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'85 outrage 18' vs 20'- comments sought
|Author||Topic: '85 outrage 18' vs 20'- comments sought|
posted 09-23-2001 11:24 AM ET (US)
I would like to hear from people with experience with both/either of these boats. I have searched the forum for a similar thread, and I can't seem to find one. Lots of 17' vs 18', lots of testamonials from the 18'6" owners, but not much from 20' owners. In fact, it seems like the 20' may have been the least popular of all the outrage models in this forum, based simply on the # of posts I have seen (can anyone confirm this - what was total production of 18 6 outrage vs 20' (85-89) outrage?)
Anyhow, I am looking very seriously to step up to a 18 6 or a 20 outrage (our montauk resides with my dad in MI, and I can't take it any more!) Also, I have wanted an outrage since I was about 7! The boat will be pulled by a v8 cherokee, so trailerability is a big factor. The boat will live on a trailer and split time between Lake Champlain and the Maine/NH/MA seacoast, with fishing being the ONLY use!
If I understand correctly, the 85 - 89 outrage 20 is essentially a 22 with 2' chopped. The 20 is much heavier - would I appreciate a much better ride(not a big factor for me) and greater seaworthiness (a huge factor)or would I see little difference from the 18'6" ? I am looking at an '85 18' next weekend, and an '85 20' the weekend after, so I would really appreciate all the input I can get - I know there are tons of 18 fans and owners here (lhg I sure hope to hear from a fellow Hanover person, and I think there are also a few fellow Wolverines out there with 18s I'd like to hear from) but what about the 20?? Further, if any of you know of or have clean 18s or 20s you're looking to part with, please email me - the two boats I'm looking at both are reputed to be clean, but both have Johnsons on them, and I'm not a big OMC fan. Well, sorry to ramble, hope to get a great thread going, and hope to soon join the ranks of the outrage world!
posted 09-23-2001 04:22 PM ET (US)
Joe - Good to hear from you again. And thanks for your e-mail of a few months ago.
Funny you should ask this question, because in 1986 when I bought my 18, I actually had done all of the research you are discussing, and was planning to buy the 20. It is a lot more boat, and at the time it was only $1200 more than an 18, if you can believe that! The only reason I didn't, was I couldn't find a 6'8" wide trailer that would carry the weight and fit into my storage garage. To this day, I would still prefer a 20 to an 18.
The 20 is a boat I have always liked, especially since it has the large bow deck space of the 22. You are right about it's limited popularity, mostly because a 22 was only $1700 more in price, and not much heavier either. And it's predecessor, the 1978-1984 20 Outrage, was a little hard riding and hard to trim properly with OMC engines, so that might have hurt it's popularity.
So look at both of the boats. In the end, you will have to make the decision yourself, based on condition, price and ease of handling on a trailer, etc.
But I remember the following experience, one of the worst boating trips I've ever had. In May of 1993, I was one of 25 Boston Whalers (ranging in size from 27-17) on the first Reebock era BW Bahamas Rendezvous, crossing from Palm Beach to West End, Grand Bahama, 60 miles across the Gulf Stream. It was a really nasty day, with headwinds blowing 25 knots in our face the entire 60 miles, seas running 6'-8' consistently. My 25 Outrage, with 5 persons aboard seemed to handle it best, as we were always in the lead, and would have to stop and wait for others to catch up, and were the first boat in. But second in, and only about 2 miles behind us, were two guys in a 20 Outrage, much to my surprise. The 4 or 5 18' Outrages on the trip were considerably farther behind, although did make it with fairly beat-up occupants and a lot of loose fittings.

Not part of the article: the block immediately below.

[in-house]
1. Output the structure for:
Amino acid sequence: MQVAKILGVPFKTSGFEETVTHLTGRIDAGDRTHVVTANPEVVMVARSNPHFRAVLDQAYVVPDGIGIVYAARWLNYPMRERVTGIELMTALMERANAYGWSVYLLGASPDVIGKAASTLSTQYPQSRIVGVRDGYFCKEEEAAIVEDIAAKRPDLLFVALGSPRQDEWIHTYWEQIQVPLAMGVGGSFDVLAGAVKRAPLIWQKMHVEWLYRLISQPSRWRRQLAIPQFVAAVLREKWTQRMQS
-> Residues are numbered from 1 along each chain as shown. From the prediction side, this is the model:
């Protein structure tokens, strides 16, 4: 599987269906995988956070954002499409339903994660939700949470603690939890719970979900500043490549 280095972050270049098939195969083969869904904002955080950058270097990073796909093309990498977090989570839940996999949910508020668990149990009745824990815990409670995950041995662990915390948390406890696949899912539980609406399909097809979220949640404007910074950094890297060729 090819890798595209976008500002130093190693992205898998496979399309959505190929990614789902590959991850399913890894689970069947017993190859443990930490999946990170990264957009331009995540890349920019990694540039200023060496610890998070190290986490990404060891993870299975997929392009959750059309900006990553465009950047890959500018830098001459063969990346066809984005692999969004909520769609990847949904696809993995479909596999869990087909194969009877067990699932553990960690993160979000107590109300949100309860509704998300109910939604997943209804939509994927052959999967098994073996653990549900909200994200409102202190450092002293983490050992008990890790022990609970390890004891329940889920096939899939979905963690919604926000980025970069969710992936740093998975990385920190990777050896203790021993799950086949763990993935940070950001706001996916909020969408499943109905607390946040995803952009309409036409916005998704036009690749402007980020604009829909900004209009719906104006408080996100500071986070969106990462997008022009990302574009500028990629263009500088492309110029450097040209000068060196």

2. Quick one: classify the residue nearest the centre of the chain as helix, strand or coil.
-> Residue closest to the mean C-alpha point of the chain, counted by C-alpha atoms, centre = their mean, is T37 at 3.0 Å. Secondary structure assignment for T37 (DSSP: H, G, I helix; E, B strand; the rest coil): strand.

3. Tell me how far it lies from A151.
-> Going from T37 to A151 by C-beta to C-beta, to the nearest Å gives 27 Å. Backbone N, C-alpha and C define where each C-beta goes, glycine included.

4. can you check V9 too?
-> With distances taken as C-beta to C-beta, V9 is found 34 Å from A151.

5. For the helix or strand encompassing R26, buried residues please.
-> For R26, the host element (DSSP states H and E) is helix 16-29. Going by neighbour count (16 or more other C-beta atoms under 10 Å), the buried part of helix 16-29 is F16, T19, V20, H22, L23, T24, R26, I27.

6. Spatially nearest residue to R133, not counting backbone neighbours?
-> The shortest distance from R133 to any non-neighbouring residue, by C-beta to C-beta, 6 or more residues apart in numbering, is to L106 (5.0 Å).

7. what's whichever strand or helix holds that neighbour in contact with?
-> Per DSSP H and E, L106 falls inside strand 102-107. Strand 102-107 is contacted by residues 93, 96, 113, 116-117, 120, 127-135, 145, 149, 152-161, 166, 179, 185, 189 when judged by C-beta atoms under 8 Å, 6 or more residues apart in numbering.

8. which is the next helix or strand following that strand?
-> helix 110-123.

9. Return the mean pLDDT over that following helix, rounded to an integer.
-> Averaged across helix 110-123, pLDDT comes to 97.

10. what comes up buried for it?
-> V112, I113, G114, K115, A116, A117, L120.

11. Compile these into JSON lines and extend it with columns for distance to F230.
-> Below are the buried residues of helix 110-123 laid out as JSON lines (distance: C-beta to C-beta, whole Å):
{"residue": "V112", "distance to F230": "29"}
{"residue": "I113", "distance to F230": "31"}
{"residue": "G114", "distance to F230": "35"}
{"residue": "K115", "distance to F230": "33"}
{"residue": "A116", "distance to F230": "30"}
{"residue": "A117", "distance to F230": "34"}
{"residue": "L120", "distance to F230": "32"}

In the 25 Outrage, the 60 miles took 6 hours!
posted 09-23-2001 07:02 PM ET (US)
My response is not directly on point, but it may help. I have owned both 17' and 20' Outrage Classics. The difference between them is enormous. The 20' has a big boat ride. It allows you to ride relatively comfortably in heavy seas. Not so with the 17', which had a punishing ride in the same conditions. The 20' appears much larger than the 18'; so I would expect the same difference in the ride. I sold the 20' 5 years ago for a boat with a cabin. I still regret it. It was easy to trailer, had a comfortable driving position, and with a 200 hp engine, the boat was very fast. So I vote for the 20'.
posted 09-23-2001 07:45 PM ET (US)
For what it’s worth I would like to echo the comments of lhf and whalerfran although I cannot make direct comparisons. I have owned a 1968 16’7” Sakonnet since 1972 now powered with 1979 115 Merc. In late July I bought (stole) a 1973 Outrage 21 powered with 1988 Merc 150 Black Max as a project boat. Just two weeks ago the 150 Merc was refurbished, mostly electrical and water pump, and have had boat out twice in last couple weeks. First of all, I am astonished by performance of the Merc. It had been sitting unused in Florida for 2 years. It has amazing power and really “growls’ but most surprising to me was how smooth it runs at slow speed and idle. I have had 4 Mercs, 5,100, 115 and 150 and this is smoothest one of all and as many Merc owners know they like to run at high speed and can be rough at lower speeds.